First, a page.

National Geographic

How Loyalty Paints a Meadow

Without loyalty, a meadow would be a much less colourful place. If a bee sticks to just one species of flower, the chances are good that it’ll transfer pollen from one individual to another. If it flits between many species, its efficiency as a pollinator plummets, its flowery partners produce fewer seeds, and the meadow loses its sea of vibrant petals.

And unfortunately, this bucolic dystopia might happen very easily. By removing bees from enclosed fields, Berry Brosi and Heather Briggs from the Rocky Mountain Biological Laboratory in Colorado have shown that the loss of a single pollinating species leads to a field-wide loss of loyalty. The remaining pollinators start visiting a wider range of flowers, chauffeuring pollen to the wrong destinations. And the flowers, as a result, produce fewer seeds.

That’s bad news because pollinating insects are already disappearing around the world.  The continuing loss of honeybee colonies grabs a lot of headlines, but many species of bumblebees, hoverflies and butterflies are in trouble too. That’s bad news. The majority of wild plants, and 75 percent of our food crops, depend on insects to ferry pollen from bloom to bloom.

There’s one silver lining: most plants are visited by many pollinators, so they should be able to tolerate the loss of any single insect. Indeed, when Jane Memmott from the University of Bristol created computer-simulated networks of plants and insects, she found that things only collapse when many, even most, of the pollinators disappear.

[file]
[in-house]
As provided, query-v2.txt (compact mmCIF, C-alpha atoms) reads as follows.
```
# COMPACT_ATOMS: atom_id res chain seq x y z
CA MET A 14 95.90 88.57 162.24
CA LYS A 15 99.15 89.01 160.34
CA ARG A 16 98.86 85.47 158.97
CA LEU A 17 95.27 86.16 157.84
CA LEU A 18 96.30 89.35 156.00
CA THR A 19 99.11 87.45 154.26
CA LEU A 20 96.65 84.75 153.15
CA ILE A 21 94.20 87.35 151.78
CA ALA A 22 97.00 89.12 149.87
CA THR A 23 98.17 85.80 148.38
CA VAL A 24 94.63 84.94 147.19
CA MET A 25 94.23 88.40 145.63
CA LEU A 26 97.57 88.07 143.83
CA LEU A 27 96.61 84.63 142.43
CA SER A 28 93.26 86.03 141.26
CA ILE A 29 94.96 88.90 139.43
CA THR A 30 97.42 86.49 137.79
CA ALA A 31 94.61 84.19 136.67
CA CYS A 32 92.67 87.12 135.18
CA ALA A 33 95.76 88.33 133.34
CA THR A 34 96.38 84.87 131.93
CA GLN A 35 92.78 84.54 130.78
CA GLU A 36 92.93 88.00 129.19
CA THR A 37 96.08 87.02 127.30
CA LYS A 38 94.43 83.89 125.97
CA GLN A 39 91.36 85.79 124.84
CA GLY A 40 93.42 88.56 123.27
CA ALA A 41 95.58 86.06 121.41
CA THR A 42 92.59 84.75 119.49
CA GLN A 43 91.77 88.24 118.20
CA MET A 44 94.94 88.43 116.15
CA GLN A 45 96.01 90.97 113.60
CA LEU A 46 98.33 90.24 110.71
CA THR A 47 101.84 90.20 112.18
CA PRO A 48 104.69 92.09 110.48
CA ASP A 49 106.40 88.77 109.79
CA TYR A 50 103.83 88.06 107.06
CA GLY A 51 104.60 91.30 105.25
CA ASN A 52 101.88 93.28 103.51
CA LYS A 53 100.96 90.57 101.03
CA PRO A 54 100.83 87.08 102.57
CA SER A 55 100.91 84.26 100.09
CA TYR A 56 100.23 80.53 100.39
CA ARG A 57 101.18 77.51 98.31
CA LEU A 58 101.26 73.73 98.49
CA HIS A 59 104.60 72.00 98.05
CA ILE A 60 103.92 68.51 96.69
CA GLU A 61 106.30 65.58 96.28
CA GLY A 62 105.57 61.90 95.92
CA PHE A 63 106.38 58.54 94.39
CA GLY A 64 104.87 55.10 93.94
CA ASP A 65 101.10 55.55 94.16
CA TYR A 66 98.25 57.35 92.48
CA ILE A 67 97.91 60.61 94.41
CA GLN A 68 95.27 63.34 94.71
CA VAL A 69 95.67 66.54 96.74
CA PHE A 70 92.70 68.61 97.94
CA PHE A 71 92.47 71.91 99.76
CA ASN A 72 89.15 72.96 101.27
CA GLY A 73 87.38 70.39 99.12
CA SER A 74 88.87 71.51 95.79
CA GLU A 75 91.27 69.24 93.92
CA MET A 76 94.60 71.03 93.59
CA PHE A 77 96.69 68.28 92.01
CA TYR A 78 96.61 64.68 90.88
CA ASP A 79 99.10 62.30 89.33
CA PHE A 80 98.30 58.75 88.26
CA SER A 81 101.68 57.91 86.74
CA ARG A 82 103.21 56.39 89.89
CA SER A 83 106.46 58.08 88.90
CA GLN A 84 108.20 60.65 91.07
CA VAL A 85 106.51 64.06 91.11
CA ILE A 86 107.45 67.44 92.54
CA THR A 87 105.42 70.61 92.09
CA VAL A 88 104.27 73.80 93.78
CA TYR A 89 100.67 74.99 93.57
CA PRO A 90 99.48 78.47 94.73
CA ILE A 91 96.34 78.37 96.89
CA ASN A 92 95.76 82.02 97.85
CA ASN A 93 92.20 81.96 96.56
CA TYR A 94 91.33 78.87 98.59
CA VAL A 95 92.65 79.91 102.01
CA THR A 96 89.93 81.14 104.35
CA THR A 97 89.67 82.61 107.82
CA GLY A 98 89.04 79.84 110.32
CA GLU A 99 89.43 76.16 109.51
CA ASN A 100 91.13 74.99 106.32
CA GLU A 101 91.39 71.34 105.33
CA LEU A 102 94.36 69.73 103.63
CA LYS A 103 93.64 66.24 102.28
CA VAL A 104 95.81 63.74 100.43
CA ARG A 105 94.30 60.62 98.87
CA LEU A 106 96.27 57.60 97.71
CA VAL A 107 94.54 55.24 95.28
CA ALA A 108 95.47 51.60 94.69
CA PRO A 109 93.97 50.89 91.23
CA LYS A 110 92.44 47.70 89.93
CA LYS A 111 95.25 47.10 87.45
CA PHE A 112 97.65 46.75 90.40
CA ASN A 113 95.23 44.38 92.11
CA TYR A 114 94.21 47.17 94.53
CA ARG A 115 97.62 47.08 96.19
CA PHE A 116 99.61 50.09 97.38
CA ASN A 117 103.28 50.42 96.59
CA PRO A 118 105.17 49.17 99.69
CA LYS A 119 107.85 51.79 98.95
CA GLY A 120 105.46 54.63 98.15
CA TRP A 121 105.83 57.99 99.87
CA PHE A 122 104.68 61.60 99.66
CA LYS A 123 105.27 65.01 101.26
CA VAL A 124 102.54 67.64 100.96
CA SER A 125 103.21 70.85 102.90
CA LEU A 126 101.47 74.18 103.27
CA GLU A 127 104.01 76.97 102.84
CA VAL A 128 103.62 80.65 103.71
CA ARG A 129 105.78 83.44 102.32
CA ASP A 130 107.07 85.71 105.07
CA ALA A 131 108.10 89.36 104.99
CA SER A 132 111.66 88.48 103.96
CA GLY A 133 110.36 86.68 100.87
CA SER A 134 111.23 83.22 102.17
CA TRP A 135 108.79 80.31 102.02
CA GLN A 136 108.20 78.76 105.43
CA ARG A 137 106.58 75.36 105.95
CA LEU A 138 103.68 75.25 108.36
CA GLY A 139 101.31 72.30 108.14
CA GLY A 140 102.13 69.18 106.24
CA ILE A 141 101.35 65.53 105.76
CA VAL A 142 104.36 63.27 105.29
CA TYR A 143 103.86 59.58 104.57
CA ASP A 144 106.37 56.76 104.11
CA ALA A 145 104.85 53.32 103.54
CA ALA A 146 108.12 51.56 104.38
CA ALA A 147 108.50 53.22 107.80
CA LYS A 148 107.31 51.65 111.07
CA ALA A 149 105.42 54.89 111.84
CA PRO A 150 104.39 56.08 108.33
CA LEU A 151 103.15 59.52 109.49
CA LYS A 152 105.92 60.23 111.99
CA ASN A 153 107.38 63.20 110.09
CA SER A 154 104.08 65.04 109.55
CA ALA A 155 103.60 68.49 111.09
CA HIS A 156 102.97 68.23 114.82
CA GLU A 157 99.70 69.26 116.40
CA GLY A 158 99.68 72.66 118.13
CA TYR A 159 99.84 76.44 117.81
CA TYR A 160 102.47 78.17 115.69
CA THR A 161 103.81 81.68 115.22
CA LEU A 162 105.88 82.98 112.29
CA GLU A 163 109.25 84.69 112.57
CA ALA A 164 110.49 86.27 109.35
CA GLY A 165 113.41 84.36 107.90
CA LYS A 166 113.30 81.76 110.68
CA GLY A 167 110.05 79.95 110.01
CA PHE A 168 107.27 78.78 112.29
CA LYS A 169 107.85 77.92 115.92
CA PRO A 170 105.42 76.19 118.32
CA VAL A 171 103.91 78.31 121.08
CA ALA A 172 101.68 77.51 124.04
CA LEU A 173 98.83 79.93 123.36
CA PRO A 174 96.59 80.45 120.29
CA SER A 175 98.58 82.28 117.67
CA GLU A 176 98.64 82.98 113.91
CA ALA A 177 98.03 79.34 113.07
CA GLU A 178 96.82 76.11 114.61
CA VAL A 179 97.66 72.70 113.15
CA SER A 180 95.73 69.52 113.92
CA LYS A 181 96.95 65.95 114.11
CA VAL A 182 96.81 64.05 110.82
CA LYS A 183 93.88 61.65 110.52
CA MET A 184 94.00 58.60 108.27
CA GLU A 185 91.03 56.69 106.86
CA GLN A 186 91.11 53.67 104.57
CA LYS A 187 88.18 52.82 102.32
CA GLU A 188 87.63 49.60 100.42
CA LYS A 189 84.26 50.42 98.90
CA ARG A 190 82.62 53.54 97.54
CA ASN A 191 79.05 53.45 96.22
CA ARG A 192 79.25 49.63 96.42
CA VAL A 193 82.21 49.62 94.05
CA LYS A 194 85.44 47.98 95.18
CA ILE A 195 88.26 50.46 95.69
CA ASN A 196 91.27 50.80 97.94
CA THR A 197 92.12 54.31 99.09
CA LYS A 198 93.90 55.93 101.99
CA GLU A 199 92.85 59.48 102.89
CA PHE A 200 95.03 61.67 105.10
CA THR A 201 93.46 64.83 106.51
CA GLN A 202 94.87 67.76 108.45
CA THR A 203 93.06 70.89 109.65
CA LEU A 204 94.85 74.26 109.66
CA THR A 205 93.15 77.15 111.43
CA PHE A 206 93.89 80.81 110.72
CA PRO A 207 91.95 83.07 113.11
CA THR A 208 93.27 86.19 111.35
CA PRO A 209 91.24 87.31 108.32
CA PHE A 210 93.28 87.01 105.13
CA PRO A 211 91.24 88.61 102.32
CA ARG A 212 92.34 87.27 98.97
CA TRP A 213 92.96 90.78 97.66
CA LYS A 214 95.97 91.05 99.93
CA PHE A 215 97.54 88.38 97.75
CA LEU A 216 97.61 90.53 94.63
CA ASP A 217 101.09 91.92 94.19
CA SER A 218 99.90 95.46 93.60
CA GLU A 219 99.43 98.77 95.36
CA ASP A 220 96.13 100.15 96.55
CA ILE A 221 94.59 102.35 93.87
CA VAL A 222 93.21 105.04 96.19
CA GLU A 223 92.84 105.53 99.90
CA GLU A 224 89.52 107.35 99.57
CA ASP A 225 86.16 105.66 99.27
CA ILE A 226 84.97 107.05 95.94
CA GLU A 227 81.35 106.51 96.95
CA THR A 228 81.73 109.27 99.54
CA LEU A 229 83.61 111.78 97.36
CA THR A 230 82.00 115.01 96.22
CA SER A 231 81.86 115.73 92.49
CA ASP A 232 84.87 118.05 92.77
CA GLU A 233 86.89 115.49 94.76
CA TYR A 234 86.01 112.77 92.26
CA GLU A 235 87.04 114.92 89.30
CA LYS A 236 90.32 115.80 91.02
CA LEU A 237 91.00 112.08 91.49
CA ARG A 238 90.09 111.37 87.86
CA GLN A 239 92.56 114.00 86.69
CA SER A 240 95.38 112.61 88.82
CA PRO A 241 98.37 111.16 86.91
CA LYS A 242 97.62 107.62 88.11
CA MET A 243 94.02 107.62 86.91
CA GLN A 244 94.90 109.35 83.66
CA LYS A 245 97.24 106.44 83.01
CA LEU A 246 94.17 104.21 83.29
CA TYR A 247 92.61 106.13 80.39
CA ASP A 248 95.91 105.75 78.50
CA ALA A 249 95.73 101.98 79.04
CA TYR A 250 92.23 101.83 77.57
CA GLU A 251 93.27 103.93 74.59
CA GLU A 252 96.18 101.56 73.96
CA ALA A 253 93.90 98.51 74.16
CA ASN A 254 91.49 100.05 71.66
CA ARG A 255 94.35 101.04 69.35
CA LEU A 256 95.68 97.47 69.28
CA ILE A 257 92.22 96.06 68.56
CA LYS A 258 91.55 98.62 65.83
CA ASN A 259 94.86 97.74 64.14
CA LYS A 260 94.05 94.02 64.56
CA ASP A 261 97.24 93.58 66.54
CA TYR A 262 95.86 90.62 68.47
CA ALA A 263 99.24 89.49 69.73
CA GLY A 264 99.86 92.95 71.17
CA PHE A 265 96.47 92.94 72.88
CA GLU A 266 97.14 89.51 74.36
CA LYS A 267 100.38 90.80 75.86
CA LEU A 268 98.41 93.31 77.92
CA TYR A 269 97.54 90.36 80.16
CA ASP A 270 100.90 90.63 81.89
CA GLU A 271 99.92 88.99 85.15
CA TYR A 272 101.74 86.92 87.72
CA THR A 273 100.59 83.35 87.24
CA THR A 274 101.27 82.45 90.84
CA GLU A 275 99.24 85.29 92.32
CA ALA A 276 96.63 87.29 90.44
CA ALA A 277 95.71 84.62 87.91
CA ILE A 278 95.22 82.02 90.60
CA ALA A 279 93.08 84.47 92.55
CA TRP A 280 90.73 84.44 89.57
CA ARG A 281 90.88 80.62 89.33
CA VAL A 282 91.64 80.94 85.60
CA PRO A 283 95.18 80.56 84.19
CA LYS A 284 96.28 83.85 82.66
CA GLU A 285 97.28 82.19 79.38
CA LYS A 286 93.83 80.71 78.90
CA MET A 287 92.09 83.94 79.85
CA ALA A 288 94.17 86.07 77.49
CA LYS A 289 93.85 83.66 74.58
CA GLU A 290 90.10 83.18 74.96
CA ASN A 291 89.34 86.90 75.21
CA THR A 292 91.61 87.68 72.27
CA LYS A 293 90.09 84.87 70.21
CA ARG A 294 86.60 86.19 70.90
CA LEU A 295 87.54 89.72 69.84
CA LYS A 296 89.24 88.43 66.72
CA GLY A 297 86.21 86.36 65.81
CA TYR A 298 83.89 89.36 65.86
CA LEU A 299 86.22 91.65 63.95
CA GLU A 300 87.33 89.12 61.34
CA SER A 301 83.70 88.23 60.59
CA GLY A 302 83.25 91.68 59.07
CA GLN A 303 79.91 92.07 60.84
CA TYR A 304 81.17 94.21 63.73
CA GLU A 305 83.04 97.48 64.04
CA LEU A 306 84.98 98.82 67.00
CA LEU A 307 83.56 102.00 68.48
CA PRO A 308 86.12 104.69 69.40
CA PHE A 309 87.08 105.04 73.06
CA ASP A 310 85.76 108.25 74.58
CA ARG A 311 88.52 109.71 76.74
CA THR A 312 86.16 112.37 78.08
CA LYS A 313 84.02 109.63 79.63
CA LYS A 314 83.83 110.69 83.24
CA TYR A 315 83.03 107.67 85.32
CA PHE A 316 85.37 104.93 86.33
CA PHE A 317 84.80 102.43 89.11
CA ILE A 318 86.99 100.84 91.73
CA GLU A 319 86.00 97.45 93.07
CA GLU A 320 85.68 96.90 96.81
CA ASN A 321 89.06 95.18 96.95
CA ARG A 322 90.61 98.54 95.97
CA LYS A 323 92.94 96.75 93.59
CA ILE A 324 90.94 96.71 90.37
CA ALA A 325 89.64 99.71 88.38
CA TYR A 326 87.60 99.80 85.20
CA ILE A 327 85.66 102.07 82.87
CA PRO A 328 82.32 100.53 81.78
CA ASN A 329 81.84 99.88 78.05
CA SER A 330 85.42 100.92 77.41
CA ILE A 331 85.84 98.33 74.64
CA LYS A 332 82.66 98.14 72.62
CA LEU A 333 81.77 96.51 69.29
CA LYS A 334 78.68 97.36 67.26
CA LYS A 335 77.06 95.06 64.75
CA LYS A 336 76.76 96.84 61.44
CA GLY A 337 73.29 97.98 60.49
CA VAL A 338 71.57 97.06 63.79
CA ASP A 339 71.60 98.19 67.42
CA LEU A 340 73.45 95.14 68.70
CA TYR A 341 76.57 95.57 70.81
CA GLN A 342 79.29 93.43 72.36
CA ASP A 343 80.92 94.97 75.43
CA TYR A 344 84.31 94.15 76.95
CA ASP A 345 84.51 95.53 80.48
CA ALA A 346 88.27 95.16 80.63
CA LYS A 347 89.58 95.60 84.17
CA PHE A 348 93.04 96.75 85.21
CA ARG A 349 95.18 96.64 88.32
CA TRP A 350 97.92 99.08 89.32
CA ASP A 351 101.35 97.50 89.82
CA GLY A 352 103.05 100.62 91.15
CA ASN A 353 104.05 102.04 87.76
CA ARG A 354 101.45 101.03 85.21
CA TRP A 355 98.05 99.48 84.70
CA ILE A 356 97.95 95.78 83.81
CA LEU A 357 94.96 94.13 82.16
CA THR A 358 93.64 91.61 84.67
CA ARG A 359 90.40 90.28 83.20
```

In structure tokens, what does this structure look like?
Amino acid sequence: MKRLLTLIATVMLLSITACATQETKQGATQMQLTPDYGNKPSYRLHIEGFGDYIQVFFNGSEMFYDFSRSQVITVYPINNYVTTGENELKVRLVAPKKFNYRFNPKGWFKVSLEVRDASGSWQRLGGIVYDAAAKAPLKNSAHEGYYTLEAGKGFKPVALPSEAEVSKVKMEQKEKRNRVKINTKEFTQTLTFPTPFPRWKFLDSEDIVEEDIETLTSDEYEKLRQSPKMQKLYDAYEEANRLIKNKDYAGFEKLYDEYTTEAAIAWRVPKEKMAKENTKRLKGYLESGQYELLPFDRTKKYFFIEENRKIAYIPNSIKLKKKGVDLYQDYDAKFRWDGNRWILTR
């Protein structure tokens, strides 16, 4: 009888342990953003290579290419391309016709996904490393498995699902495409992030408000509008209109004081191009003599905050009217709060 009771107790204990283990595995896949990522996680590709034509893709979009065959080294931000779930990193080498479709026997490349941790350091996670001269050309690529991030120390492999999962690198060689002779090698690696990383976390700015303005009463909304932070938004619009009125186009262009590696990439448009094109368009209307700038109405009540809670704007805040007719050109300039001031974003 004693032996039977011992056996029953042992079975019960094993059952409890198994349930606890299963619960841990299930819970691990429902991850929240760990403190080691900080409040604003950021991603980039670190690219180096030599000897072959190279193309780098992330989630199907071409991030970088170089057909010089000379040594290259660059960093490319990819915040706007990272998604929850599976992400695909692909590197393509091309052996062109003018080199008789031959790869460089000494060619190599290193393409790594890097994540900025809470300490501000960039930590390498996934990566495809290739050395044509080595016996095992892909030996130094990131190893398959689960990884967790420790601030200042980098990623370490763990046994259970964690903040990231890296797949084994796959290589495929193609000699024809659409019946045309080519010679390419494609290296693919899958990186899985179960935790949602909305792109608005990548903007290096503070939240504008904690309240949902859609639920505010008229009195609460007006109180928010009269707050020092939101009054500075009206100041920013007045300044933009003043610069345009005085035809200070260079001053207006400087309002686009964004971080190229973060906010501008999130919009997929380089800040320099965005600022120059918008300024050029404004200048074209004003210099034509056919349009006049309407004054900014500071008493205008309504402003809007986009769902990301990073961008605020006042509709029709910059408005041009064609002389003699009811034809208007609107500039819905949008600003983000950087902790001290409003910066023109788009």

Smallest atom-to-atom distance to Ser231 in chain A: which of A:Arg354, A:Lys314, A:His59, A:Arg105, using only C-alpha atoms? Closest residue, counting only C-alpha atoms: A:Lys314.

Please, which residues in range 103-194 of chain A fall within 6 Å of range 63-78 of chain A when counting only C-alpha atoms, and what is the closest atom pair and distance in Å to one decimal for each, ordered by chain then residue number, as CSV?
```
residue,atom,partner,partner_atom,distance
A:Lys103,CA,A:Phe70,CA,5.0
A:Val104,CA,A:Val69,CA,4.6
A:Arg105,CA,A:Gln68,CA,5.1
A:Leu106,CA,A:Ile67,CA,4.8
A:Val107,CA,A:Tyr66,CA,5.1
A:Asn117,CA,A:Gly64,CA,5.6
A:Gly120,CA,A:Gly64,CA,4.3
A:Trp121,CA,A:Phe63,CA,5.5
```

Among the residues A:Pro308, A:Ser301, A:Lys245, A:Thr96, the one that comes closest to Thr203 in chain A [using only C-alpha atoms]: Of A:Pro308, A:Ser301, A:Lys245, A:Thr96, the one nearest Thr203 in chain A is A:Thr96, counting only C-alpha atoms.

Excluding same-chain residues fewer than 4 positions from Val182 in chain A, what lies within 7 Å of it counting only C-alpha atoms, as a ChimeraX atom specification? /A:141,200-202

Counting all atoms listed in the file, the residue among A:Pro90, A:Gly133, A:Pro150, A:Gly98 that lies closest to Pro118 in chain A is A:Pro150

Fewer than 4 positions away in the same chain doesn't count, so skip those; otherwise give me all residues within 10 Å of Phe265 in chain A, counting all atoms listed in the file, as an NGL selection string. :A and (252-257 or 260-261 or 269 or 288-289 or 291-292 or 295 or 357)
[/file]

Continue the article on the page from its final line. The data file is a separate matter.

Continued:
But Brosi and Briggs saw a flaw in this logic. It assumes that insects behave in exactly the same way, regardless of which other species are around. Remove one species, and it’s business as usual for the rest. And that’s probably not true—fields and meadows are about competition as well as partnership. Some flowers offer more pollen or nectar rewards than others, and pollinators can vie for the best prizes.  If, say, a bumblebee disappears, it creates an ecological vacuum, and other species might rush in to fill the void.

To test this idea, Brosi and Briggs worked in meadows near their Colorado lab, which are frequented by 11 species of bumblebee. The duo marked out 20 plots, each a 20-metre-wide square, and removed the most abundant bumblebee species in each one using butterfly nets. “We became very adept at identifying the bumble bee species on the wing, which made it possible to remove the target species with the nets while not disturbing other species,” says Brosi.